Exit activity similarly declined from 2021 to 2022. VC-backed companies created a total exit value of just $72.9 billion across 1,281 exits in 2022, compared to $768.2 billion across 1,951 exits in 2021, representing a 90 percent decline in total exit value. As exit activity declined, the share of exit value from M&A exits increased substantially (from 14 percent of total exit value in 2021 to forty-seven percent in 2022), while the share from IPOs declined (from 85 percent of exit value in 2021 to 48 percent in 2022). Taken together, these data paint a picture that in weak markets, VC investment gets curtailed and M&A exits become even more important.

As a general matter of industry custom and practice, VCs will seek a corporate buyer for portfolio firms once they believe the firm has little potential to go public. This is an even more salient consideration in currently stressed capital markets; all else equal, given the IPO pathway is challenged at the moment, VCs seeking to maximize the value of their investment will be looking more to corporate buyers—a trend already borne out in the 2022 data cited above.

In short, there are fewer IPO opportunities in the current capital markets environment, which means VCs must rely more on M&A as the means to exit their investments. If regulators make such exits more difficult (e.g., by presuming that any acquisition of a startup by an incumbent is anticompetitive), VCs may invest less going forward, and more startups will either never get funded or will die on the vine at a higher rate. Given the important role VCs play in funding innovative startups, this could have a broader chilling effect on innovation in the economy.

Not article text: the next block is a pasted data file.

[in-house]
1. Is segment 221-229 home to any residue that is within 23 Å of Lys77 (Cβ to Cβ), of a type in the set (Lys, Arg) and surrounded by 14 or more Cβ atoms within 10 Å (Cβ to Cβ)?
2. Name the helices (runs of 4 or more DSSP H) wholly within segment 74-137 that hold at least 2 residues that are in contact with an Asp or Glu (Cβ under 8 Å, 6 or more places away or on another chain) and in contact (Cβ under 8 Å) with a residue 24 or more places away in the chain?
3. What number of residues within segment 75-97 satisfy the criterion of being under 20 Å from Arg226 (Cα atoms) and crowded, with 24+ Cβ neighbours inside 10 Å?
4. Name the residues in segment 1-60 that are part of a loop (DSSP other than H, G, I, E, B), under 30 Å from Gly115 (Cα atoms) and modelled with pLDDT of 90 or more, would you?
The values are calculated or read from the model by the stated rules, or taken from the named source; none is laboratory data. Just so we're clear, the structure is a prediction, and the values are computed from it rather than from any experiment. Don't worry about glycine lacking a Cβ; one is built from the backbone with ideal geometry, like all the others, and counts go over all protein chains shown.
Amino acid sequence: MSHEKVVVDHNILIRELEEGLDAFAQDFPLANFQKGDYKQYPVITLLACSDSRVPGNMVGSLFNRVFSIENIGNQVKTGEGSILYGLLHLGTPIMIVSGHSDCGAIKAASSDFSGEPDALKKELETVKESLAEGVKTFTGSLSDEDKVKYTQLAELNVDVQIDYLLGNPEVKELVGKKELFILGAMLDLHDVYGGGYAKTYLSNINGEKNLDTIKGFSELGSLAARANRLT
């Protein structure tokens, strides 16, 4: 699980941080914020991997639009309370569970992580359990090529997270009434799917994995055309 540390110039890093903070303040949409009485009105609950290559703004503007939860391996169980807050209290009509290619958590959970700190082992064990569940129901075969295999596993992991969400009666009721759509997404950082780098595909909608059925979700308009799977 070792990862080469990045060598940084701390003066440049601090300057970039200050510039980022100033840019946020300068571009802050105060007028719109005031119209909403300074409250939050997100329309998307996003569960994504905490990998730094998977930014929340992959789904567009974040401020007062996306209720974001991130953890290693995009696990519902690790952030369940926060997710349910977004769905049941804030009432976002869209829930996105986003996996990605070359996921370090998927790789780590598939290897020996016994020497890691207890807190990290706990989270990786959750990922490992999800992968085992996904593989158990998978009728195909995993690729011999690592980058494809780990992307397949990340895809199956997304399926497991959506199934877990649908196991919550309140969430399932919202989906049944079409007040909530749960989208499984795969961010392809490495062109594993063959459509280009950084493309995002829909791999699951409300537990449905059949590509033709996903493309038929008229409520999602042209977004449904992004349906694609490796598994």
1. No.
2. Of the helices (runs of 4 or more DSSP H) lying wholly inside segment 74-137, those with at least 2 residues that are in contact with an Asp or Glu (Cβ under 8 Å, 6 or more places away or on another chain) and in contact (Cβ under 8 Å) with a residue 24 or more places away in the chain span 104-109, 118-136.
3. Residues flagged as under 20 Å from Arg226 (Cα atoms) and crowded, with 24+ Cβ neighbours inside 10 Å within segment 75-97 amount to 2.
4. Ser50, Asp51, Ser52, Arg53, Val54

Prohibiting Certain Mergers Would Worsen Expected Exit Outcomes

Devising a plausible “but for” scenario in the absence of a proposed merger is a particularly nuanced exercise when the target is a VC-backed startup. Absent a strategic merger, a VC-backed startup can: i) continue operating as an independent company, ii) go public via an IPO, iii) be acquired by a private equity firm, or iv) fail. Predicting which of these paths a company will take, let alone estimating a company’s counterfactual exit value, is exceedingly difficult. However, removing the M&A option will only decrease expected exit values in our view.

In light of the industry customs and practices discussed in the first section above, it would be inappropriate to assume that, as a general matter, VC investors would continue to extend additional funding to a VC-backed startup if an M&A exit is blocked. There are a number of VC customs and practices that weigh on the likelihood and viability for a VC-backed startup to continue operating as a standalone entity. Specifically: